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Updated: September 29, 2023 Senior Resource Guide 2023

Tips for having the tough conversation as we age

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Discussing long-term care options for an aging loved one is not a conversation people happily anticipate. In fact, it can be challenging and uncomfortable.

It’s also a conversation that shouldn’t be put off.

Discussing preferred options with loved ones early improves their chances of maintaining their quality of life. Whether the desire is to receive care at home, live in a senior community or long-term facility, or move in with a family member, a discussion about options should not wait until the last minute.

Advanced planning matters because it’s hard to predict when the moment of decision will come. So says Greg Lindstrom, owner and director of Visiting Angels Worcester, the local franchise home care agency he founded in 2005. Often, adult children are blindsided when an aging parent becomes ill and needs care. “It can be shocking when suddenly, Mom and Dad need care,” he said.

Follow the tips below for knowing when it is time to talk and how to have a productive conversation with your aging loved one:

1. Start today

Working in advance allows your loved one time to process options and clearly state their goals and desires. Waiting until a health issue forces the conversation can lead to high-stress, poor decisions and hurt feelings.And there is a lot of planning that people can do for themselves.

Lindstrom recommends people in their 50s consider long-term care insurance, for starters. Many people assume health insurance will pay for home care or assisted living, but it usually doesn’t. In either case, care usually costs thousands of dollars per month, Lindstrom said.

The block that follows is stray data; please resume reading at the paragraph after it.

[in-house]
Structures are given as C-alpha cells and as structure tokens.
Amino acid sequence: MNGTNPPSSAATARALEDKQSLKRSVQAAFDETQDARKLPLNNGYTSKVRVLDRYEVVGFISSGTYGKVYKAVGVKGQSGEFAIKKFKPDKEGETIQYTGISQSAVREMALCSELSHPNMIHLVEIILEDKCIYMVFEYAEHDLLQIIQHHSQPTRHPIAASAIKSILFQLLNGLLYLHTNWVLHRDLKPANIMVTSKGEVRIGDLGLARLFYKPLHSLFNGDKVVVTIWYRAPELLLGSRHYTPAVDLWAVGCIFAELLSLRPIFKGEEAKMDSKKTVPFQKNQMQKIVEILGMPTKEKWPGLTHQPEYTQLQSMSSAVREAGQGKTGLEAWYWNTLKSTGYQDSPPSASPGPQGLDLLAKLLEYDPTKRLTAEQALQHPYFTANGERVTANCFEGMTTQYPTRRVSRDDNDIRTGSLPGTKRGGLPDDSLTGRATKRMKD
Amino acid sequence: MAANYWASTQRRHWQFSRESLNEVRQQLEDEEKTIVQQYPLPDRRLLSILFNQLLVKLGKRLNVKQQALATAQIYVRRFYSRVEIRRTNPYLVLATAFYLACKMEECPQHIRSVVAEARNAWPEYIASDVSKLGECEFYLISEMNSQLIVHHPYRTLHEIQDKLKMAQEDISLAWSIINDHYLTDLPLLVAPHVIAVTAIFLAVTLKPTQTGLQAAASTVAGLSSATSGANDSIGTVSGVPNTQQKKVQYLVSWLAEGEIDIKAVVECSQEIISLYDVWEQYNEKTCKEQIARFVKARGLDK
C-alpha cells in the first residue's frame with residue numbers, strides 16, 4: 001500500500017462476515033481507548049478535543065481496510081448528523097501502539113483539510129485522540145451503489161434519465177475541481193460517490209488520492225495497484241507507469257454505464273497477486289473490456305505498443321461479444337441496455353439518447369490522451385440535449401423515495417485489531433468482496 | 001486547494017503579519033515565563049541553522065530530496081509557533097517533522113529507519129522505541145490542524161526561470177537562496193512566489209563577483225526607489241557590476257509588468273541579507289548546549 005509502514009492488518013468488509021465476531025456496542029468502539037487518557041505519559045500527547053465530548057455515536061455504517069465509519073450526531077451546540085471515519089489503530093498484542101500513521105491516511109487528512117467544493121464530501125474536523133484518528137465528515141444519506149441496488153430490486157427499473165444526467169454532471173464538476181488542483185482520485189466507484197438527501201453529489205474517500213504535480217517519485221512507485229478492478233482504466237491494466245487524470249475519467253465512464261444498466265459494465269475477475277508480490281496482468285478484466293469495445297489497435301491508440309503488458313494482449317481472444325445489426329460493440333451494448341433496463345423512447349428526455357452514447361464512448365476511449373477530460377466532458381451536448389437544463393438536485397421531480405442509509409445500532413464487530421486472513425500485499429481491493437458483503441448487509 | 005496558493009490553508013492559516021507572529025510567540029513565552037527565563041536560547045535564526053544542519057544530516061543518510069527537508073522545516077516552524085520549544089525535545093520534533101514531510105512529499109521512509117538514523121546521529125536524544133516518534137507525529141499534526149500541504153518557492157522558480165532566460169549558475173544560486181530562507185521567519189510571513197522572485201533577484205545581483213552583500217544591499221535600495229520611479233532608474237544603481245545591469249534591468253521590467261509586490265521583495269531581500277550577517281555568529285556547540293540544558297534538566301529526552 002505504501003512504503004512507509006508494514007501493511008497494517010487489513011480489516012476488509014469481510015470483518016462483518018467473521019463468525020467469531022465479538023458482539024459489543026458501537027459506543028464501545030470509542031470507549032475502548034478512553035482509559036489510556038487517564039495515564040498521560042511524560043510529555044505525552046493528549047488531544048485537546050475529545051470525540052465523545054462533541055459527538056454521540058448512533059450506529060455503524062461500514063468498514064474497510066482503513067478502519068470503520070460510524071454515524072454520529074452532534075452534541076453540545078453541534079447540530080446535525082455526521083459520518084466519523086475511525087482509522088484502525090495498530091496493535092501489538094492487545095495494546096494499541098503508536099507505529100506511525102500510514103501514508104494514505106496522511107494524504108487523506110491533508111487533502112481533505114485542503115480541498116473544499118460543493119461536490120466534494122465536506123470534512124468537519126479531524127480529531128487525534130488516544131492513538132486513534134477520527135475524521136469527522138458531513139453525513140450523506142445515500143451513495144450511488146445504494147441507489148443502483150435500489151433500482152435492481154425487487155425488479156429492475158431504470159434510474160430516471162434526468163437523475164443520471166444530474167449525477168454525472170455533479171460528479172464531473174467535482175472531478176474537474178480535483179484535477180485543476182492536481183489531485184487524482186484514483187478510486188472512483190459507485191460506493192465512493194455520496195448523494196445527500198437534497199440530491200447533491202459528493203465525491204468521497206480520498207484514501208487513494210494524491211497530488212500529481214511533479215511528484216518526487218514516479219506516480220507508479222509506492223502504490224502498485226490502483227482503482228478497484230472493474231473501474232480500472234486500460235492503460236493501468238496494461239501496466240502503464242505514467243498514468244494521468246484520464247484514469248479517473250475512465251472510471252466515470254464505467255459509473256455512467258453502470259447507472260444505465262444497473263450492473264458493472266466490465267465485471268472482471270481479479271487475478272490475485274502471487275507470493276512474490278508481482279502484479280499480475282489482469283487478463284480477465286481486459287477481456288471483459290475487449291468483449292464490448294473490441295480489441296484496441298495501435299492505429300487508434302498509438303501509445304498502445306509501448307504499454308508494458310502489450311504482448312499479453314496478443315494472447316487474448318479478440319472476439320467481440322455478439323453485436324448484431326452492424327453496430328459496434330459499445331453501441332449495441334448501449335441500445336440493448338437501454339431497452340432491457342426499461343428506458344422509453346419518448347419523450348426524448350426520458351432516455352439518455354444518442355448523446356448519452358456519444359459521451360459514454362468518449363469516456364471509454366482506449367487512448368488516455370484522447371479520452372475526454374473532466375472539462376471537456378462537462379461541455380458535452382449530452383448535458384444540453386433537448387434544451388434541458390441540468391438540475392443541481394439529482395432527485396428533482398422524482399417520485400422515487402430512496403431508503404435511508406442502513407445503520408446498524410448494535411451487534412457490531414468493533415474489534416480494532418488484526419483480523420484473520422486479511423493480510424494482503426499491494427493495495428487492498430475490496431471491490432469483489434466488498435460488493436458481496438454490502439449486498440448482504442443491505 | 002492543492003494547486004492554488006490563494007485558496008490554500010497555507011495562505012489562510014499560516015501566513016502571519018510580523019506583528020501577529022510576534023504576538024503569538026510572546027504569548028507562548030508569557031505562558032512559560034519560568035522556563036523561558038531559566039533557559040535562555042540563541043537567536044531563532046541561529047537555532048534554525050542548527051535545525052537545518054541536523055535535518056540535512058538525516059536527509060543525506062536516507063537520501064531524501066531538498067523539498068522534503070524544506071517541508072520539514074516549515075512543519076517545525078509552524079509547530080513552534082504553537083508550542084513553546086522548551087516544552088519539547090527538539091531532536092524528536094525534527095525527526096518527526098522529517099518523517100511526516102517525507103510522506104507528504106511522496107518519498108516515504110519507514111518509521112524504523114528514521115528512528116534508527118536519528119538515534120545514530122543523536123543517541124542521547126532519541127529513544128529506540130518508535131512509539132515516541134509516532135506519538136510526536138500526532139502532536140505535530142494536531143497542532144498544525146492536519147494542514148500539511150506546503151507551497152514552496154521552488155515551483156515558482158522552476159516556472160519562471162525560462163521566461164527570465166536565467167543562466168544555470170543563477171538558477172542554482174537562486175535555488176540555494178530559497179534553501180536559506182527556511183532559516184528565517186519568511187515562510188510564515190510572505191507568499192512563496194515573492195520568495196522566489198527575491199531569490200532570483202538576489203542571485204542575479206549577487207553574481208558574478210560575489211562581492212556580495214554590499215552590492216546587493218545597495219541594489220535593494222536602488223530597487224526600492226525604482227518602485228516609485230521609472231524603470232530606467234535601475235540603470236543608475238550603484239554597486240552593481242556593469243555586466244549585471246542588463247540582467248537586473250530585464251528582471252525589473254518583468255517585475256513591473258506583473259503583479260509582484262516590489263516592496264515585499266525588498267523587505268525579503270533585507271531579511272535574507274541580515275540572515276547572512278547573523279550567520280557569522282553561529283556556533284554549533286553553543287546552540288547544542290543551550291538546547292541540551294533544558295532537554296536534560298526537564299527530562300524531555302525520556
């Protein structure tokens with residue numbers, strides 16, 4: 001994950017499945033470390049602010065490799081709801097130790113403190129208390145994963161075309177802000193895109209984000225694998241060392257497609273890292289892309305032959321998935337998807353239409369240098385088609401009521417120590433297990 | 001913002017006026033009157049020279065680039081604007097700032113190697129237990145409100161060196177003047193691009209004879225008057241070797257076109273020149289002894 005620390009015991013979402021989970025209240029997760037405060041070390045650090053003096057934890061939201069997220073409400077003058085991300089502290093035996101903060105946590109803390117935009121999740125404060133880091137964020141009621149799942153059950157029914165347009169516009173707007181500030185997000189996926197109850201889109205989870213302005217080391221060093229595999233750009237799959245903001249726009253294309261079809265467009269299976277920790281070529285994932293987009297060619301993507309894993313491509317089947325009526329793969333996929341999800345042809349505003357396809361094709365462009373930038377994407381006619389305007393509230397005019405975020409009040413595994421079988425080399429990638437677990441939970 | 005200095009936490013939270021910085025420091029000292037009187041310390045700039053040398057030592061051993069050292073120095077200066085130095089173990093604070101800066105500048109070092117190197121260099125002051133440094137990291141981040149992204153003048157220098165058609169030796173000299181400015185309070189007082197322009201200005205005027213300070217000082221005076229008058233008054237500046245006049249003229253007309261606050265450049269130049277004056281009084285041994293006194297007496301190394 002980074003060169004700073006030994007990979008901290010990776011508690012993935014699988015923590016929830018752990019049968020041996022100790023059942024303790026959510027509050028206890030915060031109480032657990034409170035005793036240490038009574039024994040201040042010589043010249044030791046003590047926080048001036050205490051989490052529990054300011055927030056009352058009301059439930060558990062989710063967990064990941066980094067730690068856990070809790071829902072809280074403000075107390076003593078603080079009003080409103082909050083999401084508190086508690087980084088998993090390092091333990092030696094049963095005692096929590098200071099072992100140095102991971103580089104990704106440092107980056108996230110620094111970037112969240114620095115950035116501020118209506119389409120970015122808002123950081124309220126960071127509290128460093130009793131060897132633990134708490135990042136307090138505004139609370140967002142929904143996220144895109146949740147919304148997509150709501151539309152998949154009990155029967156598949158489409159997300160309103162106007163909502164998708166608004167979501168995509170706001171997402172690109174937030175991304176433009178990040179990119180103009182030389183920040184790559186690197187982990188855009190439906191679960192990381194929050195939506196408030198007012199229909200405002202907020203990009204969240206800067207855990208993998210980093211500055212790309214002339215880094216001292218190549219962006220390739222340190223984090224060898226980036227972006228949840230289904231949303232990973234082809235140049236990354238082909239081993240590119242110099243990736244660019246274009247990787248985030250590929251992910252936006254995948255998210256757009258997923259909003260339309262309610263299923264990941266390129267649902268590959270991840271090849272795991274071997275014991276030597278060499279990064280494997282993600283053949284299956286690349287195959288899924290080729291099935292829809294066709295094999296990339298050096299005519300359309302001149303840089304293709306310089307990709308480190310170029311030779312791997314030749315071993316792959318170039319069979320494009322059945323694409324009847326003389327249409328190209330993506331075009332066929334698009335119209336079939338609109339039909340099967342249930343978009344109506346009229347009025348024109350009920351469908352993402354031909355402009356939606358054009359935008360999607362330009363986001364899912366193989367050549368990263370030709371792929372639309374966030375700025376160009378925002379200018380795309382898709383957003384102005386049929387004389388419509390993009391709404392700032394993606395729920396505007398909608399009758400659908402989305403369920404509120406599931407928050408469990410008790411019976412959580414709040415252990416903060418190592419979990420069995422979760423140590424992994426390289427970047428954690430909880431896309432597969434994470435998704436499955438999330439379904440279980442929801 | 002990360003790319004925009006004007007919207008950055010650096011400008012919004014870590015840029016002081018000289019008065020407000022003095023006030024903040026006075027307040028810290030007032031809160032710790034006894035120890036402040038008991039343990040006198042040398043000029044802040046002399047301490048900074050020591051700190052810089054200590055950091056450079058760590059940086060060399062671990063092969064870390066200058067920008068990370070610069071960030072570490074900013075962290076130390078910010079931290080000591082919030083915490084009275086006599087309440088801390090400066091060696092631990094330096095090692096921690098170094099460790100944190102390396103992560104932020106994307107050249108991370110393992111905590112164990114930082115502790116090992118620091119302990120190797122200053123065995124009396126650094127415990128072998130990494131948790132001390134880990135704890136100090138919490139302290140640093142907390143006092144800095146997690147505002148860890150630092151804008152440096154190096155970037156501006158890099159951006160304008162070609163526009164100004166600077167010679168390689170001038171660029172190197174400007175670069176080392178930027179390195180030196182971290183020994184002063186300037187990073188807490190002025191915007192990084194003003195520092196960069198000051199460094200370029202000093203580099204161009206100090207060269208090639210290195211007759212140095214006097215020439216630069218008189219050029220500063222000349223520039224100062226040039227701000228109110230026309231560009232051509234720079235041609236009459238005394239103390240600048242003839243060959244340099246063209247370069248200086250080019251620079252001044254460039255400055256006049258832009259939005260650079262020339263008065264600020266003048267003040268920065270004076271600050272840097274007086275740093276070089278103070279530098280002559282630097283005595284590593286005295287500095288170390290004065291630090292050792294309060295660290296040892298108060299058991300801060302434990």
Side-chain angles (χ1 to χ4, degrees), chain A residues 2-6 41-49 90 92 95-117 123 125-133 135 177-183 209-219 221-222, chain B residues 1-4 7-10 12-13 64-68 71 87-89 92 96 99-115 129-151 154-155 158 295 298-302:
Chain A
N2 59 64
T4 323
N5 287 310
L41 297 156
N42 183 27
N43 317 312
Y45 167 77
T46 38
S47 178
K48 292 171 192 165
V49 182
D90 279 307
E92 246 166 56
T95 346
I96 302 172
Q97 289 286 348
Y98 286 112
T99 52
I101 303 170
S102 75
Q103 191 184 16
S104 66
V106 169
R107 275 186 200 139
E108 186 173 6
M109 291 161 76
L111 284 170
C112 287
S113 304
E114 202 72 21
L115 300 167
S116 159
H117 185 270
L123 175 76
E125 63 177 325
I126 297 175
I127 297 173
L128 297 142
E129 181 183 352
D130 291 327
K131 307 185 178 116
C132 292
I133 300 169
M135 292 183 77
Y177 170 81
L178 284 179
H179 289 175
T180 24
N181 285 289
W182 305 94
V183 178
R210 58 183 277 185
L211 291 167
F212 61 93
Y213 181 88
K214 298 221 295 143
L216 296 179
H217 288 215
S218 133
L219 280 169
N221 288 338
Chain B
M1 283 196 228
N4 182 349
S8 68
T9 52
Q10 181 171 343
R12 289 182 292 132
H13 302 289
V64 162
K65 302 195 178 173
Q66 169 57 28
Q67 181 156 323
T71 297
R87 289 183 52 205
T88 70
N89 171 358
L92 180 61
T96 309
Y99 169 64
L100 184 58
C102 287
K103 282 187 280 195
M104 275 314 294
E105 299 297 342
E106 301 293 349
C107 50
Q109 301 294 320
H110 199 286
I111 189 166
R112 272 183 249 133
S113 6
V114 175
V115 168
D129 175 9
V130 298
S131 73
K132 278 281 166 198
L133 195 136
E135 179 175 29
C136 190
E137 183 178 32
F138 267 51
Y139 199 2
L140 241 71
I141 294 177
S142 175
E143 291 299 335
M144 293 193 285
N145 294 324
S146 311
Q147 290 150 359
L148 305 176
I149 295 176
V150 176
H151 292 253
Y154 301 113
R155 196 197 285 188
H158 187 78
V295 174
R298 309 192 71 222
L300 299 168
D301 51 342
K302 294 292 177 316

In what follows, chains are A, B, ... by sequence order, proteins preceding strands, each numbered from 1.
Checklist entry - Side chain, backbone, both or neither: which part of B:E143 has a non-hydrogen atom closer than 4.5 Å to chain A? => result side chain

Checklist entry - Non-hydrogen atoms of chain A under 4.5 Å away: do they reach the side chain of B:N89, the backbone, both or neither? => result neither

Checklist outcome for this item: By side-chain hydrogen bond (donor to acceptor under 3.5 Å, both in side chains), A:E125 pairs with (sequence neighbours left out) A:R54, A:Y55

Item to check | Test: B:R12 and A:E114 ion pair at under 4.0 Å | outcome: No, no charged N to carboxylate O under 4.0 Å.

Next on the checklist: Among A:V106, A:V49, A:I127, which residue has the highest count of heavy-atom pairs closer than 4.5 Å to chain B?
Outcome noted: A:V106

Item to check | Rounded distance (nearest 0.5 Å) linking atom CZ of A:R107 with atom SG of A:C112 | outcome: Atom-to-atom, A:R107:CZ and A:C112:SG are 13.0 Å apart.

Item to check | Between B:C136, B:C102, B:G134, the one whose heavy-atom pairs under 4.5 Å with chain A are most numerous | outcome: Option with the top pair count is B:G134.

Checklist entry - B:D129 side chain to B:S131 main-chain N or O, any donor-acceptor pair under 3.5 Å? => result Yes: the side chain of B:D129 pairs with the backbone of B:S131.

“People might not be crazy about paying for it, but more and more people are trying to do it,” Lindstrom said, of the monthly premiums.

A group of about 50 people pose for a camera, with some balloons
Photo | Courtesy of Active Life Adult Day Health Center
Staff and clients at the Active Life Adult Day Health in Fitchburg

2. Be sensitive

Irene Hernandez, program director of Active Life Adult Day Health Center in Fitchburg, takes an engaged approach with the elders she works with. Hernandez said many aging people are guarded, thinking if they start the conversation about the future, they’re inviting death. “I know at their age, they’re feeling vulnerable,” she said.

“I try to talk to them just to support them in thinking about it, because they won’t,” Hernandez said. She recommends asking an aging loved one “What do you want?”

3. Be prepared

Familiarize yourself with options that are in your area. Before you begin a discussion with loved ones concerning care options, know what options are available. Each choice has pros and cons, and it is best to have a full understanding of the good and the bad before you begin talking to your loved one. Lindstrom recommends people connect with their local elder services agency for a list of resources.

4. Listen

Your idea of the best long-term care option might not be the same as that of your loved one. Genuinely work to understand their point of view and why they might prefer staying at home or why they view a community as their best option.

5. Communicate

Involve family members in the conversation, and don’t wait until diseases of aging have already arrived. Heather Dobbert, clinical integration behavioral health case manager for Worcester-based insurance plan Fallon Health, said. It’s important for people to start talking about their care preferences early. She recommends everyone in their 60s should be having these conversations proactively, ensuring that their spouse and children – or other close family members – are all on the same page.

“The biggest gift you can give your family is the gift of communication. There’s really no greater gift,” Dobbert said.

Sources: Alzheimer’s Association; AARP; The Conversation Project

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